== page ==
Ca 2 + calmodulin (Fig. 6).


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eFAD eFMN eCalmoduline

BH4 L-Arginine

L-Citrulline + NO.

Reductase Domain

Oxygenase Domain
Fig. 6. Schematic illustration of electron transfer in NO synthase. NADPH binds to a specific region in the reductase domain and transfers electrons to the flavines (FAD and FMN). Calmoduline facilitates electron transfer from the reductase domain to the heme-iron contained in the oxygenase domain. The arginine substrate binding site is in the oxygenase domain adjacent to the hem-iron. Heme-bound oxygen serves as a cosubstrate and is incorporated into both products (NO. and citrulline) of the catalytic reaction.

If eNOS lacks its substrate L-arginine or one of its cofactors, NOS may produce O instead of NO and this is referred to as the uncoupled state of 2 NOS [94] (Fig. 7).

Inflammatory mediators
NADPH oxidase O NAD(P)H 2

NAD(P)+ + H+ + .O2



L-citrulline + NO.

Fig. 7. Generation of reactive oxygen species (ROS) in vascular endothelial cells. The enzyme complex of NAD(P)H oxidase is activated in response to a variety of inflammatory mediators: Angiotensin II (Ang II), interleukin-6 (IL-6), tumor necrosis factor-alpha (TNF-), and transforming growth factor-beta (TGF-) and produces O . The endothelial nitric oxide synthase (eNOS) generates nitric 2 oxide, NO.. Superoxide can further react with pre-formed NO. and generate oxidising agent peroxynitrite ONOO which can oxidize active eNOS cofactor BH4 to inactive molecules such as BH2. eNOS with the deficiency of cofactors L-arginine and BH4 ((6R)-5,6,7,8-tetrahydrobiopterin) switches from a coupled state (generating nitric oxide, NO.) to an uncoupled state (generating superoxide, O ). 2

The elevated levels of inflammatory mediators, such as tumor necrosis factoralpha (TNF-), transforming growth factor-beta (TGF-), interleukin-6 (IL-6) and angiotensin II may lead to enhanced superoxide radical generation by NADPH oxidase pathway and oxidation of NO. to peroxynitrite [66]. Peroxynitrite, in turn,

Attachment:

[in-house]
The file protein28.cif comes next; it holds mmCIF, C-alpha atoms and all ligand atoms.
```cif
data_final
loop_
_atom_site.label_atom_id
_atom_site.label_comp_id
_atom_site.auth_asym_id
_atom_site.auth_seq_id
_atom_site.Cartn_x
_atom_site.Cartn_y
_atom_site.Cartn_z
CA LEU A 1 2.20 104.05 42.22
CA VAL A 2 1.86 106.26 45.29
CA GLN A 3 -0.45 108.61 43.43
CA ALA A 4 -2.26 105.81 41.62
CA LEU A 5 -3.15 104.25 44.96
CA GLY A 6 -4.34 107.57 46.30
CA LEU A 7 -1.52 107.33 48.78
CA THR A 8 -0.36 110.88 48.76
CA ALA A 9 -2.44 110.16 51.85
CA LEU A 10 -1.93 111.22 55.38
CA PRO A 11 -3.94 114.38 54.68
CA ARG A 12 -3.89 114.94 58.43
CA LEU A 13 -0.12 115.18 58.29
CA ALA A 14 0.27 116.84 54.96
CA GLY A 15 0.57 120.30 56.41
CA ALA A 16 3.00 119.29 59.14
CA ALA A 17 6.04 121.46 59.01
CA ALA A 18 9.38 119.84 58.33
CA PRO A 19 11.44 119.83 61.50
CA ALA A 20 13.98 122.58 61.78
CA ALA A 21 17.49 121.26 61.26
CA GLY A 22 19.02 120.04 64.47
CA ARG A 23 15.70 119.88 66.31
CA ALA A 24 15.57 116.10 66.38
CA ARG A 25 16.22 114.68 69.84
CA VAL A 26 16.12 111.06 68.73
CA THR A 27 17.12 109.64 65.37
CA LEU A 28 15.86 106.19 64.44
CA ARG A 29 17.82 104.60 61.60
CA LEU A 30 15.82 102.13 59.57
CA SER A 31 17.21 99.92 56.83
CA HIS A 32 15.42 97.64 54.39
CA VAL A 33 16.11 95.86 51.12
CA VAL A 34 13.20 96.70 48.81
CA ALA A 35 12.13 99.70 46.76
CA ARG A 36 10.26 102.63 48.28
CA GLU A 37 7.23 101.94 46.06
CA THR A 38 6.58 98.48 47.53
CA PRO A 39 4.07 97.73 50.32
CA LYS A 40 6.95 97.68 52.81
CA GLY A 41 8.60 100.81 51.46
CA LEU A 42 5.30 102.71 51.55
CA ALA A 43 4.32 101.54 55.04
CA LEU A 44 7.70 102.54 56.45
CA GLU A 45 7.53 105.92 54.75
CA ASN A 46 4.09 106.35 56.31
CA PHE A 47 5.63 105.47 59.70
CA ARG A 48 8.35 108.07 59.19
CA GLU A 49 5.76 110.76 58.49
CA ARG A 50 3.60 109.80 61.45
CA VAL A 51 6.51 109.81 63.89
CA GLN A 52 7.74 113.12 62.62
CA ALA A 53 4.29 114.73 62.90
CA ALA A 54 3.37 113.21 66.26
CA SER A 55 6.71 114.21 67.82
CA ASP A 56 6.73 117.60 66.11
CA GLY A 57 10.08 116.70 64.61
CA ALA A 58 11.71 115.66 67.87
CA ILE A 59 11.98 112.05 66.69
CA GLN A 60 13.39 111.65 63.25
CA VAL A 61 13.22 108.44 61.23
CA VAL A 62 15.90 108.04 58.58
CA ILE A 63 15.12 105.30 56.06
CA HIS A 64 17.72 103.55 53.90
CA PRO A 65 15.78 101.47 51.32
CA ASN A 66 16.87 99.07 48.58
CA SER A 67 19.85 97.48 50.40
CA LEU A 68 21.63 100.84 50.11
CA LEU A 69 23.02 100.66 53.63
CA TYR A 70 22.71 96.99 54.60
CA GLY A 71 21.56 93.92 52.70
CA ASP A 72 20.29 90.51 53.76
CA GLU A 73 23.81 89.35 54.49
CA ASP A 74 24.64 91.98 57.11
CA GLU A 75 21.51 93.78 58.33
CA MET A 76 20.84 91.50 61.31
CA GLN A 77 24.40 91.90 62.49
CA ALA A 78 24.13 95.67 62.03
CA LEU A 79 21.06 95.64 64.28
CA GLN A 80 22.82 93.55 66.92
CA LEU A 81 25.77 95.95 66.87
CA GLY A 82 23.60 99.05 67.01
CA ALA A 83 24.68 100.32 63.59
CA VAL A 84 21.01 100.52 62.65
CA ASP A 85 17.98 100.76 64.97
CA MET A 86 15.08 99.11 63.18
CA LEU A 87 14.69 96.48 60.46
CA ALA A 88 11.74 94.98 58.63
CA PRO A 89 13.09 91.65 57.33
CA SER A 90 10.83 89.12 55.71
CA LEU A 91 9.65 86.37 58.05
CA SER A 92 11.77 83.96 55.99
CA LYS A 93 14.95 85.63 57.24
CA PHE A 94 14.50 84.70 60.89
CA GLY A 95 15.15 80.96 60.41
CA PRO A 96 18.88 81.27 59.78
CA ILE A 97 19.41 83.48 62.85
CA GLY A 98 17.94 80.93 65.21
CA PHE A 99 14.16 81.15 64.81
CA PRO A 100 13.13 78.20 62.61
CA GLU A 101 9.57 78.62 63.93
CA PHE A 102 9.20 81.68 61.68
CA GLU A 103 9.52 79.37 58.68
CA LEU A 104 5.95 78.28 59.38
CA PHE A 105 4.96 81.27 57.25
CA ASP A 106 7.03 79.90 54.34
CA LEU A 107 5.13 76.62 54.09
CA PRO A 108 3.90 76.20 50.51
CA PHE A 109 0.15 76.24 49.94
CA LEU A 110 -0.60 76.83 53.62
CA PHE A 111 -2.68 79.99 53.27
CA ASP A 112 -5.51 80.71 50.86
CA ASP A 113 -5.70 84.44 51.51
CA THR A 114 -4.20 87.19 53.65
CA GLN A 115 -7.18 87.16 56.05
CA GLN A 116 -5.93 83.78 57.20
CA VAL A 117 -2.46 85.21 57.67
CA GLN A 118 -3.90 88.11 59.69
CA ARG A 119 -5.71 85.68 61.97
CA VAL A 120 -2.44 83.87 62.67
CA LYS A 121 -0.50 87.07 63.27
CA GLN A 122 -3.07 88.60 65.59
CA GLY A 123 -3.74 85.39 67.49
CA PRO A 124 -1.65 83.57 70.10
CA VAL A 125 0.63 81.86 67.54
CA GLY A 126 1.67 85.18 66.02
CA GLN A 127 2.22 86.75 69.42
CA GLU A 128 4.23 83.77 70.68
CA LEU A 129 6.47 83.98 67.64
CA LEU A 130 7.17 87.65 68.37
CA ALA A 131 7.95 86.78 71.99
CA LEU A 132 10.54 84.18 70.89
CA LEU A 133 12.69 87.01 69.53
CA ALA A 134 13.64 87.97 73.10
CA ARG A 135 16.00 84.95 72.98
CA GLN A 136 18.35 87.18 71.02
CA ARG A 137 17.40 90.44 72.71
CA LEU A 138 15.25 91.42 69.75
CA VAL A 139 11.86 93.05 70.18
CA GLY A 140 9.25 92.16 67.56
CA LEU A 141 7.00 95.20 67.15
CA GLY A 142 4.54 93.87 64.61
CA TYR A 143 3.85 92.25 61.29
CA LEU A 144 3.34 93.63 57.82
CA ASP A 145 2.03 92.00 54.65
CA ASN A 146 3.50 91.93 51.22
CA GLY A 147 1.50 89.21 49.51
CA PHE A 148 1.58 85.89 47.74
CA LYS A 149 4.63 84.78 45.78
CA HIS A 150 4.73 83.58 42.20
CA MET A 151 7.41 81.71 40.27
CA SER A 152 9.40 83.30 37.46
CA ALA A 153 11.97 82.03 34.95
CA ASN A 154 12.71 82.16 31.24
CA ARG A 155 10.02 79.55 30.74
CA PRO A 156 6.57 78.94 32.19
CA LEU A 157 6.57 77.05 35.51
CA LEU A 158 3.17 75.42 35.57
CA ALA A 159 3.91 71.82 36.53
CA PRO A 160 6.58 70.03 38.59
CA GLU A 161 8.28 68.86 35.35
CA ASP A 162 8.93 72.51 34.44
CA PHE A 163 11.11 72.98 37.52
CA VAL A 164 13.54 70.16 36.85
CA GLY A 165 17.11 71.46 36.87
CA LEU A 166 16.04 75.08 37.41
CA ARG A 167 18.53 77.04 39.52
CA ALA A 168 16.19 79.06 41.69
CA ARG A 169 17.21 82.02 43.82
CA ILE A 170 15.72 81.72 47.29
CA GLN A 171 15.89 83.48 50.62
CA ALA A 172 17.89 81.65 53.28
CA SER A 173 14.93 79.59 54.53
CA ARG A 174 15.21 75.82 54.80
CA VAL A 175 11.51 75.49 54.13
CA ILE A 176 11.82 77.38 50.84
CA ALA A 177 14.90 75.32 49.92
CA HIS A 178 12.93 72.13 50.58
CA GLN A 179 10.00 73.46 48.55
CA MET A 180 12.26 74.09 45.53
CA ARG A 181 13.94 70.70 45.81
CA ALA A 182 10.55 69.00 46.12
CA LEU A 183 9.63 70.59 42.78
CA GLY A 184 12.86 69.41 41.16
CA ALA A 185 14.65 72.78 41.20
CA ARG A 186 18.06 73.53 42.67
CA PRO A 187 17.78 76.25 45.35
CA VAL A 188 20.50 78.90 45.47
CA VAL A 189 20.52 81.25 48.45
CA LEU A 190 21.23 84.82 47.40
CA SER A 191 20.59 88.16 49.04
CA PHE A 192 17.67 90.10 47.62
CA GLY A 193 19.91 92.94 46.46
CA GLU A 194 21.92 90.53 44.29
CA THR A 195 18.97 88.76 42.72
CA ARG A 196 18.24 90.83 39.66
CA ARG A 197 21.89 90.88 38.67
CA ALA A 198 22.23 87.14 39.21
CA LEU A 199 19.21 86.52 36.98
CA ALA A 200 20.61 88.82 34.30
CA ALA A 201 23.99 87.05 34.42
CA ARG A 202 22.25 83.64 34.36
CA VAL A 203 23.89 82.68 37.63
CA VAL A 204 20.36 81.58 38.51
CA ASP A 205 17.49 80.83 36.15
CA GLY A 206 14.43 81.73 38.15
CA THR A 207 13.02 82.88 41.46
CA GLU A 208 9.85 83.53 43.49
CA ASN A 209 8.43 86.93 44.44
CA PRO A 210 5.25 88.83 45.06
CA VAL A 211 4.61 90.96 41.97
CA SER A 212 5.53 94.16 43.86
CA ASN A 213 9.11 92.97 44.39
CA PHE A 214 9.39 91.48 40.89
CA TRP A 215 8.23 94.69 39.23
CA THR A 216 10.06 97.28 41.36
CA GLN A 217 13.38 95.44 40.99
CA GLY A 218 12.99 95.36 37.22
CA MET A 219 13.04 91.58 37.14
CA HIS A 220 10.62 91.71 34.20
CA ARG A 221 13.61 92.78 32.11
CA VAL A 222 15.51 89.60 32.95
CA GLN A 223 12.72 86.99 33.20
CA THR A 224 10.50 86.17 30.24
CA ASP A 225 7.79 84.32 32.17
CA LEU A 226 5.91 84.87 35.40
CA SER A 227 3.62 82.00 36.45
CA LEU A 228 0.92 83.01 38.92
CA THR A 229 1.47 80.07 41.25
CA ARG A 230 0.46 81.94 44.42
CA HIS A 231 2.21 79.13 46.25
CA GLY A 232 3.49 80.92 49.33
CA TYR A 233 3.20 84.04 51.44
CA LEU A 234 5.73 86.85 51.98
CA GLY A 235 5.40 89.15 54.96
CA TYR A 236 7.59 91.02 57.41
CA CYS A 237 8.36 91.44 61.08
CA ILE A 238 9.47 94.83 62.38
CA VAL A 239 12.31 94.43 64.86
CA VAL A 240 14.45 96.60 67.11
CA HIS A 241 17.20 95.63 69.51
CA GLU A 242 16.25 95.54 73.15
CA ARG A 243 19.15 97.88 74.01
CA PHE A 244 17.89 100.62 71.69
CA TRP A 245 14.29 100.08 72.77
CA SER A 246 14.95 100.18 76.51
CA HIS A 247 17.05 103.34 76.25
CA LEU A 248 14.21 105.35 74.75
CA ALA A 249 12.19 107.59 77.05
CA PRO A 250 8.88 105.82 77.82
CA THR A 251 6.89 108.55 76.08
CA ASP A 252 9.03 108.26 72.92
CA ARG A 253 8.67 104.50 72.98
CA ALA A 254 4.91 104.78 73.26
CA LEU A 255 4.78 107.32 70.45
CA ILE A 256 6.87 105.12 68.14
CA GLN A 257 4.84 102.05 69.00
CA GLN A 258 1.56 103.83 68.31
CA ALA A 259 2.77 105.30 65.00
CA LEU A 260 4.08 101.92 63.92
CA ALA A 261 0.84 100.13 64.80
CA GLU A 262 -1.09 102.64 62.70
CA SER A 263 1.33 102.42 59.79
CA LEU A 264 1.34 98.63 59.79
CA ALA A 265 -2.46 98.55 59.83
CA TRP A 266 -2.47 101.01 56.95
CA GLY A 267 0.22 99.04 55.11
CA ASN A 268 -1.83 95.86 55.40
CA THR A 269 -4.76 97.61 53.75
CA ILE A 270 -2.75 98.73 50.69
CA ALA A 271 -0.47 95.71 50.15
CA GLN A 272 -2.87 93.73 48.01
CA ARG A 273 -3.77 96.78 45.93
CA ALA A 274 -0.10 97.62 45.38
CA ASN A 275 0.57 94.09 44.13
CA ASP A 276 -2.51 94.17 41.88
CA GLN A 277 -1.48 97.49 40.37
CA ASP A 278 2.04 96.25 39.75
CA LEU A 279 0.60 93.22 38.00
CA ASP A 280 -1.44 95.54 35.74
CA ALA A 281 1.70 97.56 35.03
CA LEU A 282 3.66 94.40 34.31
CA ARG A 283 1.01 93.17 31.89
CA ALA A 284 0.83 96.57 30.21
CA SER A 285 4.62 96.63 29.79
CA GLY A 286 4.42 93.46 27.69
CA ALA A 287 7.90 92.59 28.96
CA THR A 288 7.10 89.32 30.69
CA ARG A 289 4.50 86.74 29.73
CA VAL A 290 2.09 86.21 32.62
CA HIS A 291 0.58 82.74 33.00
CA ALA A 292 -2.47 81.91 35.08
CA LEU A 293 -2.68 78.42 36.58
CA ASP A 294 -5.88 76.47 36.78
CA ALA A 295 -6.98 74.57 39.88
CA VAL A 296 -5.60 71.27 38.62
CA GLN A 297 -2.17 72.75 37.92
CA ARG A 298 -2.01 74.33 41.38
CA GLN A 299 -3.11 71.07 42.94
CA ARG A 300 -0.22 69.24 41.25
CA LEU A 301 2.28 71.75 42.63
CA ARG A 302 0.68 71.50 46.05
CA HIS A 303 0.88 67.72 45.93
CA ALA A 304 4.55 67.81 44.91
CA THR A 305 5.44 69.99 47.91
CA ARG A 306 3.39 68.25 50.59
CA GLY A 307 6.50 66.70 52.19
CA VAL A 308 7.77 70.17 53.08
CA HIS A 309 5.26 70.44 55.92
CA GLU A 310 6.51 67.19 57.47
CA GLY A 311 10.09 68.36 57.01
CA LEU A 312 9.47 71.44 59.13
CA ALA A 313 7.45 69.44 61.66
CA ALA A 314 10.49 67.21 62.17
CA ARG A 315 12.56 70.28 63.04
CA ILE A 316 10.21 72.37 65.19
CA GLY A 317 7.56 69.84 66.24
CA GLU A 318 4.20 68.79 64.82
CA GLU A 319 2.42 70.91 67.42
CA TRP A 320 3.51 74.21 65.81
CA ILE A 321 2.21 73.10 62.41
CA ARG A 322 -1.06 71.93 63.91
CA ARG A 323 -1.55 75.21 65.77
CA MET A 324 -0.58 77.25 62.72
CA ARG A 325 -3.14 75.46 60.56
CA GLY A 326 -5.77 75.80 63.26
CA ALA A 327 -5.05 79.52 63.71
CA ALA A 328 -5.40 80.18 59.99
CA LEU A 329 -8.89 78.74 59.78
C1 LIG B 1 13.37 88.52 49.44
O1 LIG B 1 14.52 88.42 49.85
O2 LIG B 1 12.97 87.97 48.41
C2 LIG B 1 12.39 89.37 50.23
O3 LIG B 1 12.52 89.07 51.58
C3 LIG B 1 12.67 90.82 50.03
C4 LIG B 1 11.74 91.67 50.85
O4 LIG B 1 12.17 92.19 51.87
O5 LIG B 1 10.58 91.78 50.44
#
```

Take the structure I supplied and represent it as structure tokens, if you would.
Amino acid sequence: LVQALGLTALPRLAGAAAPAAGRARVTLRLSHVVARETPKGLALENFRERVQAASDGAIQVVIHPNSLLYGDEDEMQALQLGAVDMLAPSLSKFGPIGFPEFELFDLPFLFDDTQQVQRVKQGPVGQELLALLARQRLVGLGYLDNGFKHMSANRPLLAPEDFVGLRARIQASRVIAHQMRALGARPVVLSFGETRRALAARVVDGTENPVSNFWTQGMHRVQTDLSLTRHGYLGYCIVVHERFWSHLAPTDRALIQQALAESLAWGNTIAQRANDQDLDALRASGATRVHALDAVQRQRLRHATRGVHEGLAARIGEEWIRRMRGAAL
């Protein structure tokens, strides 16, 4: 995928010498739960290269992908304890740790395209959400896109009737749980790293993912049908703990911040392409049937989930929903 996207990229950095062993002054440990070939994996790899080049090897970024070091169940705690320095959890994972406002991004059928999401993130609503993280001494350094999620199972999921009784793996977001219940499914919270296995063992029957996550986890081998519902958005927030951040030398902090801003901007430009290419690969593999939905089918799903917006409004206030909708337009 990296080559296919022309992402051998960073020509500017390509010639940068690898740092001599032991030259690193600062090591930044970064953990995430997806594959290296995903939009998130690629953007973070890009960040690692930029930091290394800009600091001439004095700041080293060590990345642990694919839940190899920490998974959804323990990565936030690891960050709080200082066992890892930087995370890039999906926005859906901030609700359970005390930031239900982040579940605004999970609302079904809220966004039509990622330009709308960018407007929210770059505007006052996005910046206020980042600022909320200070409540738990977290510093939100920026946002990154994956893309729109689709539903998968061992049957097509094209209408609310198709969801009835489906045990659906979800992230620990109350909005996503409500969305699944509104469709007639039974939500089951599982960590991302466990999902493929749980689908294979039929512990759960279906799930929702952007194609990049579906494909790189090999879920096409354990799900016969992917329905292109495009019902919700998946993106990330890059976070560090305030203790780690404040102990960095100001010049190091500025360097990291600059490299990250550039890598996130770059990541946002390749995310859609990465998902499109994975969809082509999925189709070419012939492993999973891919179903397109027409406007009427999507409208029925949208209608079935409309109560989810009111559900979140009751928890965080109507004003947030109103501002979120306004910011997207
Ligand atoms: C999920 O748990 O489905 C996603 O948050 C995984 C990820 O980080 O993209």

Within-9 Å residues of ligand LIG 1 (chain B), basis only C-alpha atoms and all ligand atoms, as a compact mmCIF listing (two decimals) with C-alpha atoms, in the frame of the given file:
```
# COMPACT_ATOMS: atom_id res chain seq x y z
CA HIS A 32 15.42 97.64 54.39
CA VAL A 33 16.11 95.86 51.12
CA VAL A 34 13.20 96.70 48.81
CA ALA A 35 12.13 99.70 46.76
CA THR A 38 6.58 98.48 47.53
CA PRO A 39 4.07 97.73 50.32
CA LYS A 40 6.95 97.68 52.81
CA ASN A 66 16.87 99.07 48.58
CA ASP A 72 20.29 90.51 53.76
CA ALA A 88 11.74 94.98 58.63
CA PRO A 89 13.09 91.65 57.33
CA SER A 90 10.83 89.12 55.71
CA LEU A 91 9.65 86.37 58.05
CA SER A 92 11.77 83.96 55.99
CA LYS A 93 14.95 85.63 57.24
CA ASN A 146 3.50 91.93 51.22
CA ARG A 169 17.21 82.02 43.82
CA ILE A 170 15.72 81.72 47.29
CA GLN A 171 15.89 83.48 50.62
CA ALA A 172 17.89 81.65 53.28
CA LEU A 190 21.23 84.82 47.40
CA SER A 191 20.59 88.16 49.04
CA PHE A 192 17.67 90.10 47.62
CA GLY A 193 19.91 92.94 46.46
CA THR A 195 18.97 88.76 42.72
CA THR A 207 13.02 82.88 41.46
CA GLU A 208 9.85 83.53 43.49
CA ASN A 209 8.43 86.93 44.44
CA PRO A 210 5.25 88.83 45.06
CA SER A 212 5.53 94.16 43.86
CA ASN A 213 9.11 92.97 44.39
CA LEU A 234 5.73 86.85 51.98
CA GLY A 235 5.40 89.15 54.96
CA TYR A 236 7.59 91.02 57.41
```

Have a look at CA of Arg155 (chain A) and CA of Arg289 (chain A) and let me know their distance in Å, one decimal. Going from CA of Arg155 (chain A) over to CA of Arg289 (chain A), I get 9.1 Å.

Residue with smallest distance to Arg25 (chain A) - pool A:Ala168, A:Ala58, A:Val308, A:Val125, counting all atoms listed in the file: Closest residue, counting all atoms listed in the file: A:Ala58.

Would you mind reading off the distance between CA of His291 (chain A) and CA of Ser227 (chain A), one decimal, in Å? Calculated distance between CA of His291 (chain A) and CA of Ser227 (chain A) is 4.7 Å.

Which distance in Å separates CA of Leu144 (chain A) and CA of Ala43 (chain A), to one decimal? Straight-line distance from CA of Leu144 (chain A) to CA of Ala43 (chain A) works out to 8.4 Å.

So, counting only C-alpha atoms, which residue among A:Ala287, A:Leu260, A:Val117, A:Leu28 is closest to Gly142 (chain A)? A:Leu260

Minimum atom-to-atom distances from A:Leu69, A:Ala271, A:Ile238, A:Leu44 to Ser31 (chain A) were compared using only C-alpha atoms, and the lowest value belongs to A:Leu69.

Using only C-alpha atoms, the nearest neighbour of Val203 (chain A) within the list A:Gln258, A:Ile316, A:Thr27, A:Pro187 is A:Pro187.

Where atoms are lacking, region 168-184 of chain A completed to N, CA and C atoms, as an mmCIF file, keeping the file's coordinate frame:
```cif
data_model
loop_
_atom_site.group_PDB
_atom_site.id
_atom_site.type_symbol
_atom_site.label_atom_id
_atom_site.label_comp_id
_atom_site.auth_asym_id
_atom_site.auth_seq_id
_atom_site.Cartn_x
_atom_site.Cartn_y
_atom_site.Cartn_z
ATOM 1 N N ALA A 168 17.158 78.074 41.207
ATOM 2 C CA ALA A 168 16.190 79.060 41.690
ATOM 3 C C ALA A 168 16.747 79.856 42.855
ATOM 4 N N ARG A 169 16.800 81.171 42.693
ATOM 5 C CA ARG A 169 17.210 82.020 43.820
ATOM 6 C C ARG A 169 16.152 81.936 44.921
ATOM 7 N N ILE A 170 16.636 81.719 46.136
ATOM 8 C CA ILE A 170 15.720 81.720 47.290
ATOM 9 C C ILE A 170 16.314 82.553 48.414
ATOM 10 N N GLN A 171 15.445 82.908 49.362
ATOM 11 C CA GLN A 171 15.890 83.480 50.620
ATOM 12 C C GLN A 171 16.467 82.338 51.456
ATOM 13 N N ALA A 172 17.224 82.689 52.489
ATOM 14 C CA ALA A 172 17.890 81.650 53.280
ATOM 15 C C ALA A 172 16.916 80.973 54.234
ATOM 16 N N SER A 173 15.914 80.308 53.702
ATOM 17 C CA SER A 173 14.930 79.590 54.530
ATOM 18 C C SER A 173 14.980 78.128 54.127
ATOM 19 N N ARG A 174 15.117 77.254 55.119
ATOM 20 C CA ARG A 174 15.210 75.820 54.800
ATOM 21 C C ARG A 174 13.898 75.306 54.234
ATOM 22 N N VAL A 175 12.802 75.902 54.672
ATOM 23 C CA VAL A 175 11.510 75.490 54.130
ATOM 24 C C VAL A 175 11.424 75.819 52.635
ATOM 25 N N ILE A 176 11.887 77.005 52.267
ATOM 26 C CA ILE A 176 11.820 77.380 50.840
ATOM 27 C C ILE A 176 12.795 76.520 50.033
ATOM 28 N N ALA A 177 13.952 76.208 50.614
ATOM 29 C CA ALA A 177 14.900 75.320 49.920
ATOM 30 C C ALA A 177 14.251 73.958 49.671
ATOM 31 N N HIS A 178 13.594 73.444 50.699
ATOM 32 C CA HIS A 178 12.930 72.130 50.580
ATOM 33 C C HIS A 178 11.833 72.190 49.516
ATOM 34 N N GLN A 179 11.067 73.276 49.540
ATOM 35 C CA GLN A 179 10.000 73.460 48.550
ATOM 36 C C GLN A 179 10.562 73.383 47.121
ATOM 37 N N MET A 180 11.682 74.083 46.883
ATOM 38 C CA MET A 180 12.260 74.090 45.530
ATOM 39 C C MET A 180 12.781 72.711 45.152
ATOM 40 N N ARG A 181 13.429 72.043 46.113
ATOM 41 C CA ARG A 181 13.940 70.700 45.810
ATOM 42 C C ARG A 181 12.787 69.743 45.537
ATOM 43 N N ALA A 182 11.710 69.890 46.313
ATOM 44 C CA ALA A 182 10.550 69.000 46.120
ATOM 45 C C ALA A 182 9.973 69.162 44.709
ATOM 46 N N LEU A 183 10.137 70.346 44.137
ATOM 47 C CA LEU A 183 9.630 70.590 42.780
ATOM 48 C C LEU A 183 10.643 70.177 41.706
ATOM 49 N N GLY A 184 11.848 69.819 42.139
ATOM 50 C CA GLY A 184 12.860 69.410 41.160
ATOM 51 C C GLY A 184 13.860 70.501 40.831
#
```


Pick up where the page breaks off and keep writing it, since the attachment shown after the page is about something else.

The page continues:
Oxidative stress in the etiology of diabetic complications


can oxidize active eNOS cofactor BH4 to inactive molecules such as BH2, thus uncoupling NO. formation [3]. The loss of NO can affect vascular relaxation [56]. The abundant pro-oxidant activity from peroxynitrite and NADPH oxidase system also facilitates oxidation of LDL to oxidized LDL particles. It has also been shown that oxidized low-density lipoprotein (oxLDL) can limit L-arginine availability in endothelial cells, and given the abundance of oxidized LDL in diabetes, L-arginine depletion may also contribute to eNOS uncoupling and precipitate a vicious cycle [68]. Thirdly, the increase in the cytosolic NADH/NAD+ ratio results in a redox imbalance that resembles that which occurs in tissue hypoxia and therefore is termed hyperglycaemic pseudohypoxia [29]. Regeneration of NAD+ in the mitochondria can lead to the formation of O 2 as can the processes of autooxidation and glycation. Antioxidant enzymes including superoxide dismutase remove O (Fig. 1) [27]. 2 The full impact of the sorbitol pathway in vascular dysfunction is not completely understood and the role of inhibition of aldose reductase in the prevention and treatment of diabetic complications remains unclear. Aldose reductase activity in endothelial cells of different origin is low and it thus appears unlikely that the improved nerve conduction in diabetic neuropathy observed with aldose reductase inhibitors or myo-inositol supplementation is related to improved endothelial function. In contrast, an excess aldose reductase activity in human retinal endothelial cells can be a mechanism for human diabetic retinopathy [19].